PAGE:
Afghanistan Effort at Critical Juncture in 2010

Anders Fogh Rasmussen and Hamid Karzai

President Obama’s decision to send additional troops to Afghanistan reflects the critical juncture reached by NATO and its partners, including the Afghan Government, in this eight-year engagement.   The international community has rallied to the cause with increased troop commitments.  This January in London, seventy-five nations agreed to help support the Afghan government’s development and governance goals. In Afghanistan, Afghan security forces demonstrated their growing capacity by handling—without ISAF assistance—a recent series of insurgent attacks in Kabul and in planning a major offensive in Helmand with their ISAF partners.  This coalescing of international community and Afghan commitment represents the strongest joint front yet assembled to turn the corner in Afghanistan.  It’s why we must deploy our military and civilian resources as quickly as possible and make 2010 a year of maximum effort in Afghanistan.

What does maximum effort look like?  For starters, it’s means significantly expanding the presence of ISAF troops in Afghanistan.  President Obama committed 30,000 troops who are moving into theater at the fastest pace our military planners can support.  NATO allies and partners have come through with an additional 9,000 troops to answer ISAF Commander General Stanley McChrystal’s request for more international forces, and we’d like to see those men and women enter the fight as soon as possible.

Changing the momentum in 2010 also means increasing and improving the coordination between our civilian and military efforts.  The United Nations has appointed Staffan di Mistura to oversee the civilian efforts, while NATO has named Mark Sedwill as its new Senior Civilian Representative.  Our resolve is matched by a renewed and serious commitment on the part of the Afghan government to reduce corruption and strengthen good governance, which Afghan President Hamid Karzai laid out in his inaugural address and reaffirmed in London.  In 2010, we need to continue our focus on the Afghan people.  General McChrystal established this as our number one priority last year. His directive has changed our battle rhythm and it has changed perceptions among Afghans.  We are truly operating as partners.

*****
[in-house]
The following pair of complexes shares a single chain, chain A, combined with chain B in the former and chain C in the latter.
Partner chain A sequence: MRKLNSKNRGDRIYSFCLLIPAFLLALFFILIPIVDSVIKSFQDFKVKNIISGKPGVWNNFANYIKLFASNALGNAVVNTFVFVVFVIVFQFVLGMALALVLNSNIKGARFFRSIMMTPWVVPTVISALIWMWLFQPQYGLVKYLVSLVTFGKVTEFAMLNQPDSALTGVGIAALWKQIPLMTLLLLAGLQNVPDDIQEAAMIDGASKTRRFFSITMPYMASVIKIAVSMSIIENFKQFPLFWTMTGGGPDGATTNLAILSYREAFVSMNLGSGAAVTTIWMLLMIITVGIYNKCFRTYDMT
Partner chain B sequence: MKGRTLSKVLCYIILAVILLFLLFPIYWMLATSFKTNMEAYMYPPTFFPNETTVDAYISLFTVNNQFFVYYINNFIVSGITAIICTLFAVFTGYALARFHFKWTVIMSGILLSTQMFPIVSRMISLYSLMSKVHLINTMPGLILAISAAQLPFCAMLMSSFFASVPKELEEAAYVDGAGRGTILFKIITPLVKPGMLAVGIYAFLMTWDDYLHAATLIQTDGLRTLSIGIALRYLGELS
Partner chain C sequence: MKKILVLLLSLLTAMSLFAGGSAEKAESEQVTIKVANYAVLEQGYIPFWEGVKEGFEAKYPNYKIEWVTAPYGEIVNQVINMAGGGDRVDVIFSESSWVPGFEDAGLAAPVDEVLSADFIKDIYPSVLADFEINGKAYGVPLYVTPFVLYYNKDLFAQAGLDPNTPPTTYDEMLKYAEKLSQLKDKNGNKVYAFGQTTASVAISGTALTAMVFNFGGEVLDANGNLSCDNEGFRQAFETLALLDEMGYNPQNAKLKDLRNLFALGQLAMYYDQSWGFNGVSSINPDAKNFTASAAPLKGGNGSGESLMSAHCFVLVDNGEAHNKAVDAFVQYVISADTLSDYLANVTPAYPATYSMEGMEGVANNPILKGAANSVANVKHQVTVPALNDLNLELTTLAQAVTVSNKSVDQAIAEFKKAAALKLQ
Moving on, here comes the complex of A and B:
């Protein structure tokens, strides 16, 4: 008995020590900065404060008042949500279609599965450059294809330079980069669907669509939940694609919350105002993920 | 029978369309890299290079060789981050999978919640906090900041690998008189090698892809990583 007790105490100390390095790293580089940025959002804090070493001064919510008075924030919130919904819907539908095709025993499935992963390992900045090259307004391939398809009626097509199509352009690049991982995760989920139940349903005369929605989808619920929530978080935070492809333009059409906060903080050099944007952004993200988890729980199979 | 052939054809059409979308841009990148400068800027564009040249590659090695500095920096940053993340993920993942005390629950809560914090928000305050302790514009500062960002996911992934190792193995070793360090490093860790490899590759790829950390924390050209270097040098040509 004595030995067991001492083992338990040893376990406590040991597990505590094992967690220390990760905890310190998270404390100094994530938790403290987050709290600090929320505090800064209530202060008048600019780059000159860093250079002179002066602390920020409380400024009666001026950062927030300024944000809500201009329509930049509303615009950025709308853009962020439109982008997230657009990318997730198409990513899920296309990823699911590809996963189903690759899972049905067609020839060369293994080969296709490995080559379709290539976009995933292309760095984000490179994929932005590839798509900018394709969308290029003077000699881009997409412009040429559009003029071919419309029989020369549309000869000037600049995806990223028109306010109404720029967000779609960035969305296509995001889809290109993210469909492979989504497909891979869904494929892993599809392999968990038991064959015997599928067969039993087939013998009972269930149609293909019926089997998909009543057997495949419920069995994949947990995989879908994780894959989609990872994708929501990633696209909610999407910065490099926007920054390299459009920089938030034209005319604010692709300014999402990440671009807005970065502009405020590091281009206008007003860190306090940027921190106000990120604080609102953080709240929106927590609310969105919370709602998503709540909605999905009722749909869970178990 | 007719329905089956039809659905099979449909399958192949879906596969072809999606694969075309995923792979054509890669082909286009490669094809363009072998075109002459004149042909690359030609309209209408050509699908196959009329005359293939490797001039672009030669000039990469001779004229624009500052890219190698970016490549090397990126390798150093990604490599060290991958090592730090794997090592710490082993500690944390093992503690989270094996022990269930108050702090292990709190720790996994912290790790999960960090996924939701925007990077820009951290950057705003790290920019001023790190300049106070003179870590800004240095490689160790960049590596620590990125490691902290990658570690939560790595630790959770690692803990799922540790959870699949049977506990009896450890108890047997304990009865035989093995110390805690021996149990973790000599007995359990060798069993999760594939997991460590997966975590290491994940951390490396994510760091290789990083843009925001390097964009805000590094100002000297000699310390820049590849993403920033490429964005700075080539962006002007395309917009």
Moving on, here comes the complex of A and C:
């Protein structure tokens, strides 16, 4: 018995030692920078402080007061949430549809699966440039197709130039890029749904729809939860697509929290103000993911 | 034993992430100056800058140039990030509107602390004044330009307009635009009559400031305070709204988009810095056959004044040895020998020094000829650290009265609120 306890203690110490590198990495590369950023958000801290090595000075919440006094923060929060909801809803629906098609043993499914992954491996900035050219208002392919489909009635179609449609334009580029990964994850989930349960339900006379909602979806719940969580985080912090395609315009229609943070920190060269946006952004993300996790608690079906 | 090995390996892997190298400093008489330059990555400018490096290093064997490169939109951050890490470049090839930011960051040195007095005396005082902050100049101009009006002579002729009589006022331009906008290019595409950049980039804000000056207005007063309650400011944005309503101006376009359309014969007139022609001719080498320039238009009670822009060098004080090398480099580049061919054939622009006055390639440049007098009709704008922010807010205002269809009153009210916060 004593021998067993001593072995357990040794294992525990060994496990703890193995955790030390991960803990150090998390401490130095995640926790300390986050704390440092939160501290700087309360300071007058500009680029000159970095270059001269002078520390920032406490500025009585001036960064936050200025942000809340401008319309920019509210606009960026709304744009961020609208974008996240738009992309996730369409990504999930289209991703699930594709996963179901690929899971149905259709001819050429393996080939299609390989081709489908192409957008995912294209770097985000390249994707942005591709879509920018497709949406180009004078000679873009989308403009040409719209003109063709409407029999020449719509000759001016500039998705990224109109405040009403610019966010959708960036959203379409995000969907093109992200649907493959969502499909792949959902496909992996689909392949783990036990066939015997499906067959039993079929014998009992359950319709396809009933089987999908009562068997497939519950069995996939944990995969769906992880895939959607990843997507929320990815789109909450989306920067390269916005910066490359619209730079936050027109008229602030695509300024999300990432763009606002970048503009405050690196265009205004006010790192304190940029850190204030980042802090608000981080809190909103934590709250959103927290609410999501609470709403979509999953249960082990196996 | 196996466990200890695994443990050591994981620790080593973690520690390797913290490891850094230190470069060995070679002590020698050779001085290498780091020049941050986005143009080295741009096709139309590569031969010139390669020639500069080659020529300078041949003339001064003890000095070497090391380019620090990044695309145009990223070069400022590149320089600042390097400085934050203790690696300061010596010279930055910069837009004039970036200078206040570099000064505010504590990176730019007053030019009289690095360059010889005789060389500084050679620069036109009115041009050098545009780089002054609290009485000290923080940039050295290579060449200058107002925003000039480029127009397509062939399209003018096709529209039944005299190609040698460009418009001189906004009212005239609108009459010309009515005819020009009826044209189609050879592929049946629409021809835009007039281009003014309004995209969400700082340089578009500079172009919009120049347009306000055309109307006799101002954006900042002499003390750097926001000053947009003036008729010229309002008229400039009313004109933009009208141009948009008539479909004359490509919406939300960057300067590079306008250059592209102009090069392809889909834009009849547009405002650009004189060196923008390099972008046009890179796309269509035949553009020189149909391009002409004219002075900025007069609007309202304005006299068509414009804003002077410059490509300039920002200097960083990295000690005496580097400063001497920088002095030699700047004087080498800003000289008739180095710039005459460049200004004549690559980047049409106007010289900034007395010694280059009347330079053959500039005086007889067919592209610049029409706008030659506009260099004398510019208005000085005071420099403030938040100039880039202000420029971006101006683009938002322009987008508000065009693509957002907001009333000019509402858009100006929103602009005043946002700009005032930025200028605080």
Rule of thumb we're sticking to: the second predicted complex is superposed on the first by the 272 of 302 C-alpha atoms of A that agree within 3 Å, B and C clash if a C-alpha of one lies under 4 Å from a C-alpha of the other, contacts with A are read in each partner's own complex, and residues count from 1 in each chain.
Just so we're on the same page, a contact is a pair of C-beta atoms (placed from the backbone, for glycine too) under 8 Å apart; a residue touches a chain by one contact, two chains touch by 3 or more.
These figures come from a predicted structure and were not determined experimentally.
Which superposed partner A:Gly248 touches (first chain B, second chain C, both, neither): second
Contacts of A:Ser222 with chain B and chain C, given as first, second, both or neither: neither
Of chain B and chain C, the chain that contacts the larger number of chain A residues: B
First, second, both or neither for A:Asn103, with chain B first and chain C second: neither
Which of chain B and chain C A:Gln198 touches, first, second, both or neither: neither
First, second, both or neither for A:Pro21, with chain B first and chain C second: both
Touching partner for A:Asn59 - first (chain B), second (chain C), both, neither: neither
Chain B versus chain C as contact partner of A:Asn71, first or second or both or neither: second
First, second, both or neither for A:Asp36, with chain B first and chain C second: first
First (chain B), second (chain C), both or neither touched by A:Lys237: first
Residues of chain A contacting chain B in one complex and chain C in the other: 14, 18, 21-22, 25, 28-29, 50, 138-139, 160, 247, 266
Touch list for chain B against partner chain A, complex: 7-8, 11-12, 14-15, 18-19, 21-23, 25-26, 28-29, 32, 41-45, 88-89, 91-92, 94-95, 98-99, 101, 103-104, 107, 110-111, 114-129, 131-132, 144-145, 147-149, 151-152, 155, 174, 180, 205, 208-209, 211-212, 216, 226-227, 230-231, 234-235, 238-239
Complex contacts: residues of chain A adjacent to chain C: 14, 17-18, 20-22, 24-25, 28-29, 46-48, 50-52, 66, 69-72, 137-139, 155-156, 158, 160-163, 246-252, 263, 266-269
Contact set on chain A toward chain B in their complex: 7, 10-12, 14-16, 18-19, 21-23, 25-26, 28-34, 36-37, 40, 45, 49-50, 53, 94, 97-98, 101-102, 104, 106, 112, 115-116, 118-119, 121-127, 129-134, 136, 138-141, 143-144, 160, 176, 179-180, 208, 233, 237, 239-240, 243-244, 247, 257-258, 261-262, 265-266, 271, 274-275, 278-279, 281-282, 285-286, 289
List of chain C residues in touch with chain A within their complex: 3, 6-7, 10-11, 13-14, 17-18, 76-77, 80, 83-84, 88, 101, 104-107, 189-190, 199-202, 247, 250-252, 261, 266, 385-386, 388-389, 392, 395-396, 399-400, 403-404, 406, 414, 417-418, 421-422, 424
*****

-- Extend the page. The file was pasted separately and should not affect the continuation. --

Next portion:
This has been a long and hard effort that has cost money and lives, and it won’t end this year.  Our commitment must be long-term.  But we’re at a point now that has eluded us in the past, a point where our strategy, our political commitment, and our resources have come together in a powerful way.   For that reason, we can’t turn our backs on the improvements we have only recently begun to realize.  Our full investment now hastens the day when the Afghans can ultimately take the lead for their own security, economic prosperity, and governance – their goal and ours.

In the coming months we need to see NATO and its partners rise to the occasion, turn the corner, and keep Afghanistan on the path to security and development.  It’s not going to be easy, and we don’t have unlimited time.  President Obama has said that U.S. forces will begin drawing down in July 2011.  We need to use the time until then to build Afghan capacity so that the Afghan authorities can take on ever greater responsibility for the security of their own country.   Training Afghan policemen, mentoring the Afghan National Army, and partnering with organizations and countries from around the world are all vital to this effort.  Graduating more policemen from training centers in Helmand, Jalalabad, and elsewhere means intensified recruiting and providing more qualified instructors.  Conducting effective patrols within local communities means more international mentors.  And having ISAF and Afghan soldiers plan and conduct joint patrols that help keep the peace means making our forces increasingly flexible in support of a national Afghan strategy.

We must seize the moment and ensure the July 2011 timeline can be met by taking on the hard tasks while we have these additional troops on the ground, the momentum of a new strategy, and the backing of a committed international community.

Ivo H. Daalder is the United States Ambassador to the North Atlantic Treaty Organization. Photo: Reuters Pictures.

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